Lawyer: Minnesota’s Lynch denies sexual misconduct claims
MINNEAPOLIS (AP) Minnesota basketball standout Reggie Lynch ”categorically denies” allegations of sexual assault lodged against him by two women, his lawyer said Wednesday.
Attorney Ryan Pacyga also said at a news conference that the 23-year-old senior center never had sexual contact with either woman.
The university’s Equal Opportunity and Affirmative Action office recommended Lynch’s expulsion Jan. 3 after finding him responsible for sexual misconduct in an alleged assault off campus April 7, 2016.
The office issued that finding the same day as a separate recommendation that he be suspended and barred from campus until Aug. 1, 2020, for sexual misconduct in an unrelated incident alleged to have happened three weeks later. In that case, a woman said he assaulted her on April 28, 2016, in his Roy Wilkins Hall dorm room, according to documents from the EOAA office. Lynch, who has not played since Jan. 3, has appealed in both cases.
”Reggie Lynch categorically denies all of these allegations. In both instances,” Pacyga said.
Reading from the university’s reports, which have not been made public, Pacyga said one woman accused Lynch of digital penetration while the other accused him of full intercourse and oral sex. He said Lynch cooperated with the university’s investigation even though he had the right to remain silent.
Neither incident was reported to law enforcement at the time, Pacyga said, and he said he wasn’t aware of any active law enforcement investigations against Lynch. If either one had been reported, he said, police could have conducted a proper investigation and gathered physical evidence and looked for DNA. But because of the 18-month delay in reporting the allegations to the university, he said, the case comes down to ”he said, she said.”
Pacyga said Lynch’s options include walking away from the case and dropping his appeal or fighting the allegations. Pacyga, who was hired Tuesday, said he needs time to go through the university’s investigative reports and consult with Lynch, his parents and their advisers about the allegations and potential defenses before they decide how to proceed.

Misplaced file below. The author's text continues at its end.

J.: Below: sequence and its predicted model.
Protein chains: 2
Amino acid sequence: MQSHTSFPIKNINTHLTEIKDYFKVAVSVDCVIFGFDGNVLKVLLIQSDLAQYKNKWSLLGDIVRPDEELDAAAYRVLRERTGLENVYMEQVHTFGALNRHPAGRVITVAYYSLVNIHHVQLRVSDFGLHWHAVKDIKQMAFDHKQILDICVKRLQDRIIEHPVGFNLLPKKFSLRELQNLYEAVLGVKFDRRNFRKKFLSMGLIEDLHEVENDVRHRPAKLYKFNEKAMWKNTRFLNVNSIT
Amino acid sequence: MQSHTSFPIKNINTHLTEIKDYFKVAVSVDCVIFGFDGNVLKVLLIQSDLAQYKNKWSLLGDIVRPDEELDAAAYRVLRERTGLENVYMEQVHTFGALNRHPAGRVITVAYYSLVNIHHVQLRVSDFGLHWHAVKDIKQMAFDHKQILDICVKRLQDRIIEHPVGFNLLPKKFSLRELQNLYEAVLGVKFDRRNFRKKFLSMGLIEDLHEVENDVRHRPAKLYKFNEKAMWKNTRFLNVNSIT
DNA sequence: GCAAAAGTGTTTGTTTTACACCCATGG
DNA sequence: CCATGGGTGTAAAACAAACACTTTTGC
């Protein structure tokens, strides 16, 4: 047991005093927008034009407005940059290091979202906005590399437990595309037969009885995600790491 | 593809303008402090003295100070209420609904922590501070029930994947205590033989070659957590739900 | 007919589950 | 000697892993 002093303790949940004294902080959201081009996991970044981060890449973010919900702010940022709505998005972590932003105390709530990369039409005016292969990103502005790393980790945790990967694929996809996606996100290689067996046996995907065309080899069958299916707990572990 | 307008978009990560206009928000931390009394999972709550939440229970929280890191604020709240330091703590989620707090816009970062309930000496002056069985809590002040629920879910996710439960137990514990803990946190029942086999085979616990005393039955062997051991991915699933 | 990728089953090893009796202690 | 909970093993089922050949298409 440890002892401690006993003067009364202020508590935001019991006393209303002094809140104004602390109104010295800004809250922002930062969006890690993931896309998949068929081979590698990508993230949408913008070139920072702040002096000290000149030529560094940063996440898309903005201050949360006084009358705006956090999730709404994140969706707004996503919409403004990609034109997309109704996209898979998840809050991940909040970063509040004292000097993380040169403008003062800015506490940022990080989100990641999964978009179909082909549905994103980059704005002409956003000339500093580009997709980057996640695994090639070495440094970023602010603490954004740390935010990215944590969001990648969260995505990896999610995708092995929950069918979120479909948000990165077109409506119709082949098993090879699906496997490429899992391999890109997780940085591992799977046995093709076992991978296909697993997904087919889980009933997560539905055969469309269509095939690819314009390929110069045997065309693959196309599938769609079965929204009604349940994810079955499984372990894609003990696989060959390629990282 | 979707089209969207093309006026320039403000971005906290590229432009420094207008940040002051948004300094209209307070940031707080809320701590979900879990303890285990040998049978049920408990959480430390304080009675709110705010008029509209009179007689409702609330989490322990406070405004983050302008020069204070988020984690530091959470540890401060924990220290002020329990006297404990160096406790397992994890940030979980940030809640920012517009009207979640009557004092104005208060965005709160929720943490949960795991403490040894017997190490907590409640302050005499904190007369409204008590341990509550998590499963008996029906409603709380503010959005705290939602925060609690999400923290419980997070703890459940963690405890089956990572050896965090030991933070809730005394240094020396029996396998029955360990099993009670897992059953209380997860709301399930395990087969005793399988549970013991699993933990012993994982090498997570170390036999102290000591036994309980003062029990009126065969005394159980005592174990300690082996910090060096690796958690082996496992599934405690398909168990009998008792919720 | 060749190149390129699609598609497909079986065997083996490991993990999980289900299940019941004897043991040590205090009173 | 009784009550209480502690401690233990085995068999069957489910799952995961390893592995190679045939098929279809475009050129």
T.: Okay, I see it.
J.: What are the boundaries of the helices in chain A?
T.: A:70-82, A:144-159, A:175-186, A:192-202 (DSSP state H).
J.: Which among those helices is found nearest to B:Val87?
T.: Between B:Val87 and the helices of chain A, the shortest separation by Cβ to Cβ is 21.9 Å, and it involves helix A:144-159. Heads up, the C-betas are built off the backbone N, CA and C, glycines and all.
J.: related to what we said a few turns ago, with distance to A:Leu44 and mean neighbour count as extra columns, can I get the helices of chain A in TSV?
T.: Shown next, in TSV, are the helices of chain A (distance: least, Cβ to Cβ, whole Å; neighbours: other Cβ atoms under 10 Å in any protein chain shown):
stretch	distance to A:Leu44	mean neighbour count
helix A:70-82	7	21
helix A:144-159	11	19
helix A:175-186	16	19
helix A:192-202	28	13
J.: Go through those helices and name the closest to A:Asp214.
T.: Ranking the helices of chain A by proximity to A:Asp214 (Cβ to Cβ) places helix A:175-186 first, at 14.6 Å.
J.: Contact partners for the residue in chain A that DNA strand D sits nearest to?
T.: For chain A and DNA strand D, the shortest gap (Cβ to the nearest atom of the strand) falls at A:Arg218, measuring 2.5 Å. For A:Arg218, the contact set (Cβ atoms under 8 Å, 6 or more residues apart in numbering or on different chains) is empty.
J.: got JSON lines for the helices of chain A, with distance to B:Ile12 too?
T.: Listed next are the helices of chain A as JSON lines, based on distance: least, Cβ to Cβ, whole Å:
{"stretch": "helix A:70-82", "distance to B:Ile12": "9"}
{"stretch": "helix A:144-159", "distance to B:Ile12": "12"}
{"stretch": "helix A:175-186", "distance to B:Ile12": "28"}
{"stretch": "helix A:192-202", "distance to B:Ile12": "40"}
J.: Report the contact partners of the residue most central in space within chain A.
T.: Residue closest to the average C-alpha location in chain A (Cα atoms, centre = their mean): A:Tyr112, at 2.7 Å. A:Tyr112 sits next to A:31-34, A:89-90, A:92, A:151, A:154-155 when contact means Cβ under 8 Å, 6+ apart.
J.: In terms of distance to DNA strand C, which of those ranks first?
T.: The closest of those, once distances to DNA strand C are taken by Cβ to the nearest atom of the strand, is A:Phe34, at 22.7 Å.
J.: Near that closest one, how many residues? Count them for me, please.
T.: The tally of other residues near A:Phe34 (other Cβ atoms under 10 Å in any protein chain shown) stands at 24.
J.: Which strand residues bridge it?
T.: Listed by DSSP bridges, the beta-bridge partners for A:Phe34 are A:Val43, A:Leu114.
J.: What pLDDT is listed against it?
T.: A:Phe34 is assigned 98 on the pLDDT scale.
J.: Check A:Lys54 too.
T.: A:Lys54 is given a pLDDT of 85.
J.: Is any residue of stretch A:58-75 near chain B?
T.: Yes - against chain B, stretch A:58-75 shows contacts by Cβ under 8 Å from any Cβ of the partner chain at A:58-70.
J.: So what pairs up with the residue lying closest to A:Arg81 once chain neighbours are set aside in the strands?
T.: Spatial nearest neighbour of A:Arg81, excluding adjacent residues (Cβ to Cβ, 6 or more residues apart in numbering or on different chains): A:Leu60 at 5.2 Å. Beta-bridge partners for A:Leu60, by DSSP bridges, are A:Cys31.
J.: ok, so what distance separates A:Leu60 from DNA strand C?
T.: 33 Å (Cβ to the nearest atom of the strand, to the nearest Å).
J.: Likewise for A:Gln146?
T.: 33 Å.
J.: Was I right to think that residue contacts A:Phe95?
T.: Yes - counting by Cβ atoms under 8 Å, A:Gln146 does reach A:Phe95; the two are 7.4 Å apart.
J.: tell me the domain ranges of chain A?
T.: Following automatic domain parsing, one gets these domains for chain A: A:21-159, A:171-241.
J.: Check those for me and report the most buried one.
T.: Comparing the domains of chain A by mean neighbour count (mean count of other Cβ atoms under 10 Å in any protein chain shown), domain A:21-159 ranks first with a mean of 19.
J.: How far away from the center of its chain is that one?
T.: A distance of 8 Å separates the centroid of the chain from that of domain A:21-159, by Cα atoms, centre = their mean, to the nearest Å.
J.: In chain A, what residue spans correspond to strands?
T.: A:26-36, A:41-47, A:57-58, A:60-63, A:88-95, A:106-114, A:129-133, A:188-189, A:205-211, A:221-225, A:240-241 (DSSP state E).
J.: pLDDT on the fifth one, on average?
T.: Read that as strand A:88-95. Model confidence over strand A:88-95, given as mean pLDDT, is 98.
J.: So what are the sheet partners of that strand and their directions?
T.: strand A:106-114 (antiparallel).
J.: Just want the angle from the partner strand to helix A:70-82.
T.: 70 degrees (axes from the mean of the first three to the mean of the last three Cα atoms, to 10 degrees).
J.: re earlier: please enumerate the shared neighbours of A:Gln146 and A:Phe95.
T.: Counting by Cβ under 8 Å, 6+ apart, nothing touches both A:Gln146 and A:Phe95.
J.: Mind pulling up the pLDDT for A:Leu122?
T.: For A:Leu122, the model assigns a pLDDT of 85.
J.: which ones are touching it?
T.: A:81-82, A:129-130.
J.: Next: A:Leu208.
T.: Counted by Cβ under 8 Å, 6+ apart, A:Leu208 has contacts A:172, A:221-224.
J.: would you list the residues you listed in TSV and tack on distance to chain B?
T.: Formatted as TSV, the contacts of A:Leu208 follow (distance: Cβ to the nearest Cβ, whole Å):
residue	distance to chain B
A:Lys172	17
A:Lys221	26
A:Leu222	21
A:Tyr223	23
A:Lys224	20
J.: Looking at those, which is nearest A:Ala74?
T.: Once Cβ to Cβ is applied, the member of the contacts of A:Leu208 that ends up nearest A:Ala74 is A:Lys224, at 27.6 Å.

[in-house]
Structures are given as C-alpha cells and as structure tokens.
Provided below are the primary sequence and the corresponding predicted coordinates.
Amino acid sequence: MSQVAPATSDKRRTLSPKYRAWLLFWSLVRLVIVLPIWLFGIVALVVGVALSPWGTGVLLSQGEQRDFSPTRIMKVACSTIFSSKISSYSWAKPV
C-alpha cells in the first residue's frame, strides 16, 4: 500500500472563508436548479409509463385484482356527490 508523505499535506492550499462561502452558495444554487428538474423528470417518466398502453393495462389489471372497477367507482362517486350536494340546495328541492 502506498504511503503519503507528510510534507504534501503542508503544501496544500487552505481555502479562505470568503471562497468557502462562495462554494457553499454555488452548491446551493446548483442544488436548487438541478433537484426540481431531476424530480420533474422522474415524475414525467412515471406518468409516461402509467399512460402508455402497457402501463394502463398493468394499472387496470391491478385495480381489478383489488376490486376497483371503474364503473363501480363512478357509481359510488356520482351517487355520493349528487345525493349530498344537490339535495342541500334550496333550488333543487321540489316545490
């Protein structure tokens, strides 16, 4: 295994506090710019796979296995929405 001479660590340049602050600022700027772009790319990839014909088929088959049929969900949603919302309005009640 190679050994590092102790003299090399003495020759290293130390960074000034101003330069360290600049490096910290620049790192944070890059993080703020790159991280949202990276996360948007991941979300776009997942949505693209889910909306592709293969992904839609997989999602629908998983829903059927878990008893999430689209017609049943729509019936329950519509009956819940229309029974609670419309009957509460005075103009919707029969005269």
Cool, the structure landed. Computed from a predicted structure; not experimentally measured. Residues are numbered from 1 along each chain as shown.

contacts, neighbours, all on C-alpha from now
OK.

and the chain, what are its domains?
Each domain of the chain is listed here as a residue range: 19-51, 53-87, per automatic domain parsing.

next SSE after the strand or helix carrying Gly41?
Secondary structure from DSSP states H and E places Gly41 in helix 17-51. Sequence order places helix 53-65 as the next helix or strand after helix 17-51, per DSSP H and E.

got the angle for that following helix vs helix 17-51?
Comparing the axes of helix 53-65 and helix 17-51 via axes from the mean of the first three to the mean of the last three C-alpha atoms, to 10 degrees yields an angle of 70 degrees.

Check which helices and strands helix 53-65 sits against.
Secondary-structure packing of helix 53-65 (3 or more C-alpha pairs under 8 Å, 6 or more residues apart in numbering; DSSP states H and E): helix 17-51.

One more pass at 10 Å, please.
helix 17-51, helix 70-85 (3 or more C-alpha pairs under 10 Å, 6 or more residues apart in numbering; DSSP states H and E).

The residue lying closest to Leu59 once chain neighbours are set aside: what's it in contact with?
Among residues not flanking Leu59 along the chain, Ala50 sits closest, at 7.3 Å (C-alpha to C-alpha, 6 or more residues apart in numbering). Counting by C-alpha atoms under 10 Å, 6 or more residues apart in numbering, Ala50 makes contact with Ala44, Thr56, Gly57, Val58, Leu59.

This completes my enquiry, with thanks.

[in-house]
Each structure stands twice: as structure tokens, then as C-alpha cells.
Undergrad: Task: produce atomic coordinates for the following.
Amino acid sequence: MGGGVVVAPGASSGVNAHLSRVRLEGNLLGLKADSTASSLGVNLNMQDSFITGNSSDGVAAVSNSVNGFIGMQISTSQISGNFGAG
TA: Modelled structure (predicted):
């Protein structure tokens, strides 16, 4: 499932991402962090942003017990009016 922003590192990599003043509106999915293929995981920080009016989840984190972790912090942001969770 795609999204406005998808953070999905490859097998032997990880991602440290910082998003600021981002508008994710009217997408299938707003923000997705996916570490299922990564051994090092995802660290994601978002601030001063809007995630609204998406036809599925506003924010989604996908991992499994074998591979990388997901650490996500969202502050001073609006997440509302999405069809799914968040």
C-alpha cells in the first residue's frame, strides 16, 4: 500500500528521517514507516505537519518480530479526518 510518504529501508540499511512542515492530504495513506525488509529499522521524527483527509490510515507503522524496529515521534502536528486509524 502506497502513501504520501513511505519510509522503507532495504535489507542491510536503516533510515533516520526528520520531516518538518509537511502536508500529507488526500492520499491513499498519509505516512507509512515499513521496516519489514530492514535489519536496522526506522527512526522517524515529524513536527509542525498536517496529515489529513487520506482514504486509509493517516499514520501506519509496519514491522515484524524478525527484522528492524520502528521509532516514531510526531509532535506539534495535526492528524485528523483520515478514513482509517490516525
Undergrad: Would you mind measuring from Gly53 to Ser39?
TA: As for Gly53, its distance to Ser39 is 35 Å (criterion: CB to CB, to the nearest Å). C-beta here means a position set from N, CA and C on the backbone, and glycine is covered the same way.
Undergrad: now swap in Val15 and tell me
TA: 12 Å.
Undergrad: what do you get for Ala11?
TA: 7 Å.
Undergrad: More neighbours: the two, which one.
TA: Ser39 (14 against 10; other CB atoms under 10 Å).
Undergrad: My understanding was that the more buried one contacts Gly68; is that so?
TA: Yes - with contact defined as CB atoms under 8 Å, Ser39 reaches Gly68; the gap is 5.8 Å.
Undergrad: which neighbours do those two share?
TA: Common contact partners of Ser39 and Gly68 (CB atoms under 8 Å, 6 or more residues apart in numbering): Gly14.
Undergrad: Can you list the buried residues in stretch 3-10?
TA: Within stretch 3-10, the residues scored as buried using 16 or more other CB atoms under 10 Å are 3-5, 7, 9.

Lynch still hopes to have a future in basketball, he said. He also said there are only a couple months left in what would be Lynch’s final college season, so it might not be possible to complete the proceedings before it ends.
Pacyga said the university’s burden of proof is lower in student disciplinary proceedings than it is in criminal cases, which makes the allegations harder to defend against. He said he’s afraid for his client because the recent flood of high-profile sexual misconduct allegations across the country.
Pacyga said he agreed that society needed a ”correction… but there might be a little bit of a hysteria going on” in the rush and desire to correct past wrongs.
”Put yourself in the shoes of the accused,” he said. ”How do you get a fair hearing right now?”
The university suspended Lynch from games last week but allowed him to continue practicing and remain enrolled in school while he appeals. In a statement Tuesday, the school said it can’t legally comment on the allegations.
”The university understands and shares the frustration that it cannot share more information,” it said. ”However, federal privacy protections prohibit the university from sharing information related to any specific student discipline matter.”
Lynch, last season’s Big Ten Defensive Player of the Year, averaged 10 points, eight rebounds and four blocks before he was benched.
The new cases mark the second and third allegations of sexual misconduct to result in school action against Lynch. He was also suspended during the 2016 offseason over a different case. He was arrested on suspicion of sexually assaulting a woman in an apartment May 8, 2016. He was cleared, however, and reinstated to the team before last season.
Lynch transferred to Minnesota after playing his first two years at Illinois State. Lynch, whose uncle, Kevin Lynch, starred with the Gophers from 1988 to 1991, also played at Edina High School in suburban Minneapolis.